The new DGS central plant in downtown Sacramento, Calif., is hiding in plain sight. Local design firm Nacht & Lewis Architects imbued the 78,000-sf facility with a modern design that reduced the building’s bulk and overall height by using canopies on the mezzanine level and locating tall elements, such as the thermal energy storage tank, at the center of the facility.
The tank was also dressed up in a blue and white metal insulation jacket that turns it into a signature decorative element. These aesthetic efforts were not lost on our Building Team Awards judges. “It’s not obvious what it is, but neither are they trying to hide its function,” noted John (Jay) Frisco, AIA, NCARB, an associate with RTKL in Chicago. “It’s not at all the central plant you expect to see.”
The plant replaced an inefficient facility that dated to 1968 and often struggled to meet the state capital’s current heating and cooling demands. Contractor Skanksa USA Building Inc. oversaw construction of the new $181 million facility, which provides chilled water for cooling, steam for heating, and air control to 23 state-owned buildings in the Capitol Building District. The new plant uses 58% less energy and 90% less water than the plant it replaced, and its smaller footprint allowed the Building Team to reclaim land that was turned into a public garden, complete with a landscape feature that reuses water from the plant.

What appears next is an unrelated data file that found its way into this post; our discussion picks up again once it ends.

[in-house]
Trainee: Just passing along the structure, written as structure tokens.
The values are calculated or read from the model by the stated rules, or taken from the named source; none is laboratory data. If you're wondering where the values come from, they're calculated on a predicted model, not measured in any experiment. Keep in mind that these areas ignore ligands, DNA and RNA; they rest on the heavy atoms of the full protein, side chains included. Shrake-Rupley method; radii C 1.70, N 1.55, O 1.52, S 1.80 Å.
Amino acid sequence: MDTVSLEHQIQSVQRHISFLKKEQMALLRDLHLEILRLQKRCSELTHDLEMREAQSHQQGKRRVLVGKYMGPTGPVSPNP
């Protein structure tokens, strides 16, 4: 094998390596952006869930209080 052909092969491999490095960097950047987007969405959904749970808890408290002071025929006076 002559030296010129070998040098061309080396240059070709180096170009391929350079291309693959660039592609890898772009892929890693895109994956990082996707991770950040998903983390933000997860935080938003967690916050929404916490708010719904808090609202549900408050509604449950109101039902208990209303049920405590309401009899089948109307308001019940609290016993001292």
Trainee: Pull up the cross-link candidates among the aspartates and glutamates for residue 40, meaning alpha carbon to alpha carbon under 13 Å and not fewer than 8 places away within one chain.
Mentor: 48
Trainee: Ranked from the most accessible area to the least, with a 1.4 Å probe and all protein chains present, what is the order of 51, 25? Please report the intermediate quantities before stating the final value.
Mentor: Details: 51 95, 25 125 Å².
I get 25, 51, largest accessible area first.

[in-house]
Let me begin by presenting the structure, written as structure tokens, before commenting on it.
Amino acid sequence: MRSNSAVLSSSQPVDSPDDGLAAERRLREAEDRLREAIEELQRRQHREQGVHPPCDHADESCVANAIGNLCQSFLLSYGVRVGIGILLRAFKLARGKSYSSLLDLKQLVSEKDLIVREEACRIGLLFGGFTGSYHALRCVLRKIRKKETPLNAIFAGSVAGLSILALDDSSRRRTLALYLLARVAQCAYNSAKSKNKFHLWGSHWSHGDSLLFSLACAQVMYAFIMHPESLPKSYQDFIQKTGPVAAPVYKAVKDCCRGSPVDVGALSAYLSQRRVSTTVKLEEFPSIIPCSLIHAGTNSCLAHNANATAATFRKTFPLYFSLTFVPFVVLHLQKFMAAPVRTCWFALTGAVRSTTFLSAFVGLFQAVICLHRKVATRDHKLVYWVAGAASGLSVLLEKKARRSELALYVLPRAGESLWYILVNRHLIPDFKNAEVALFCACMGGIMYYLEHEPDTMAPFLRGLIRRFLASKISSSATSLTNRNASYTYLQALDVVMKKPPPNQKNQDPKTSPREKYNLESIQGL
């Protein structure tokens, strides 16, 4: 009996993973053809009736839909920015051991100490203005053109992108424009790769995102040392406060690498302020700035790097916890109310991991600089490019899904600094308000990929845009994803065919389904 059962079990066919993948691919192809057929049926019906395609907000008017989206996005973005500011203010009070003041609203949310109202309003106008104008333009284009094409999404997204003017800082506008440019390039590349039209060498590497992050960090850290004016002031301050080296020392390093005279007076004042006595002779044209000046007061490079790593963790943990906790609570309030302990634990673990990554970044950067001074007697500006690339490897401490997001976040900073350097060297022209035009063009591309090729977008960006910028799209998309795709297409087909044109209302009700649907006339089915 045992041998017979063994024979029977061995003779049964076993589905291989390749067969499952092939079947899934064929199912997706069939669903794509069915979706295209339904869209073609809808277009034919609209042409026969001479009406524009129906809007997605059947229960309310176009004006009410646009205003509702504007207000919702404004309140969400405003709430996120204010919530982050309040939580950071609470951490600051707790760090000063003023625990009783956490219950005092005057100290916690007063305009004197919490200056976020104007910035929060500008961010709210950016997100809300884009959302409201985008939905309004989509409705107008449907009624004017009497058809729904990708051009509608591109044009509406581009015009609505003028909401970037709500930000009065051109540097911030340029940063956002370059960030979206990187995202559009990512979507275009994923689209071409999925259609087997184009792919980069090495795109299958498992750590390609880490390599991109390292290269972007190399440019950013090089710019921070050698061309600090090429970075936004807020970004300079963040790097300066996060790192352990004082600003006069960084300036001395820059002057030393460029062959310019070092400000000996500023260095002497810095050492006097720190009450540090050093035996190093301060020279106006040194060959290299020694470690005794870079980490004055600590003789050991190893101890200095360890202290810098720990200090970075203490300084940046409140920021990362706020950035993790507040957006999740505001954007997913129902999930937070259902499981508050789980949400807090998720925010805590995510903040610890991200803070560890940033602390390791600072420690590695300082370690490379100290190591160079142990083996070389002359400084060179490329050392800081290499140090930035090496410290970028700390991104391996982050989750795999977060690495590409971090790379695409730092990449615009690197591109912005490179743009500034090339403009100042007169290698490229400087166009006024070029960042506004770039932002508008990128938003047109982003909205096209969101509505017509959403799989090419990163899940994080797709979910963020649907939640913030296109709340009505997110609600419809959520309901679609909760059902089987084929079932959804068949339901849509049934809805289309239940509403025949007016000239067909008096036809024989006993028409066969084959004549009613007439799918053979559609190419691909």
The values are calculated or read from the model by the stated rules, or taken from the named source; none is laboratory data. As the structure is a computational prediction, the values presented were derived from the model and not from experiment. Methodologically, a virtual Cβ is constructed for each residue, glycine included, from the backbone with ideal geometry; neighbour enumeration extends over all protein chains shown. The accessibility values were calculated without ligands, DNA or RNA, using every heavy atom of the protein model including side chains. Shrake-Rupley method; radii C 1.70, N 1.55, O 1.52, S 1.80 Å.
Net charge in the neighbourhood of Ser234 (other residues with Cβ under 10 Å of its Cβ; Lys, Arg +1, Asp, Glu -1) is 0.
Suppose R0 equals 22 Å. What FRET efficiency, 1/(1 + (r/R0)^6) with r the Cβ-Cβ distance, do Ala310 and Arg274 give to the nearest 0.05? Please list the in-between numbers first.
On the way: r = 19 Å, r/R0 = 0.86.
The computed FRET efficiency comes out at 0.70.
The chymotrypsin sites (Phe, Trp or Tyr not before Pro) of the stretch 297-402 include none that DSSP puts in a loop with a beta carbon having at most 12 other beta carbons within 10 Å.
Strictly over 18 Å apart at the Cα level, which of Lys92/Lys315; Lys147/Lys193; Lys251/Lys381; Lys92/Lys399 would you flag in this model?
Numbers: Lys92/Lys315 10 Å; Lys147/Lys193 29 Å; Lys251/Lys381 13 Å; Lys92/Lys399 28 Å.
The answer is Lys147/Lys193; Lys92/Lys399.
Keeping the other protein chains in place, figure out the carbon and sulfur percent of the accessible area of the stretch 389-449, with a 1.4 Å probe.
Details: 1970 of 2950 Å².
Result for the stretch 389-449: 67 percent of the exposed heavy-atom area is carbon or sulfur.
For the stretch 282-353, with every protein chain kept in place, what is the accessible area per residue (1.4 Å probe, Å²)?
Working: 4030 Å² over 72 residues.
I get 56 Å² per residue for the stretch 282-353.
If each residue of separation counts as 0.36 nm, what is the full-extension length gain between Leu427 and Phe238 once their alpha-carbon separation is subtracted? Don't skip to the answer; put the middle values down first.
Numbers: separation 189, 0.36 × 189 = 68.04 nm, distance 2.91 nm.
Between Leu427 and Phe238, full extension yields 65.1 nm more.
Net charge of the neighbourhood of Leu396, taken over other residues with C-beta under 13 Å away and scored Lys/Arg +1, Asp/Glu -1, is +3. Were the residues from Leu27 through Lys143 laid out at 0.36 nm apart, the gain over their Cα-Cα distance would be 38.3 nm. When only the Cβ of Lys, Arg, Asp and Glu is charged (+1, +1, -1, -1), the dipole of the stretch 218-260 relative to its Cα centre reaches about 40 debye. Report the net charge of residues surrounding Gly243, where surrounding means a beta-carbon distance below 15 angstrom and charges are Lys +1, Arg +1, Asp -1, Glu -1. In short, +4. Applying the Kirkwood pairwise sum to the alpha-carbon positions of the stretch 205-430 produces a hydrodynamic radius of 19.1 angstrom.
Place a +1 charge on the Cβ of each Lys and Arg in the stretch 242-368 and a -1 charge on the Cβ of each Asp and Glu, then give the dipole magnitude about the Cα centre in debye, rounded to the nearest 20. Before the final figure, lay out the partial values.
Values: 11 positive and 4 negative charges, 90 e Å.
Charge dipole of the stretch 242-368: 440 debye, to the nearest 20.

The facility was outfitted with a steam boiler plant with four gas-fired water tube boilers and cooling equipment outfitted with variable-speed electric chillers and cooling towers with a capacity of 16,000 tons of chilled water; future build-out capacity is 19,000 tons. Currently, the facility’s average peak load is 8,000 to 10,000 tons. The cooling tower also eliminates the practice of discharging water into the Sacramento River—a major project goal.
A steam turbine generator was also installed to provide emergency power to the chillers in the event of a power failure. The equipment was selected not only for its operational efficiencies, but also for its low operational noise—the plant sits in the middle of a city, after all. The equipment, including super low-sound cooling tower fan blades, emits less than 85 dBA and a significant portion of the plant’s walls and ceilings are covered in soundproofing material.
The plant’s central administrative area, which is seeking LEED Gold certification, has large windows with sunshades to capture daylight while reducing glare and solar heat gain, a demand-based ventilation control system that uses 70% less energy than current ASHRAE standards, and low-VOC finishes.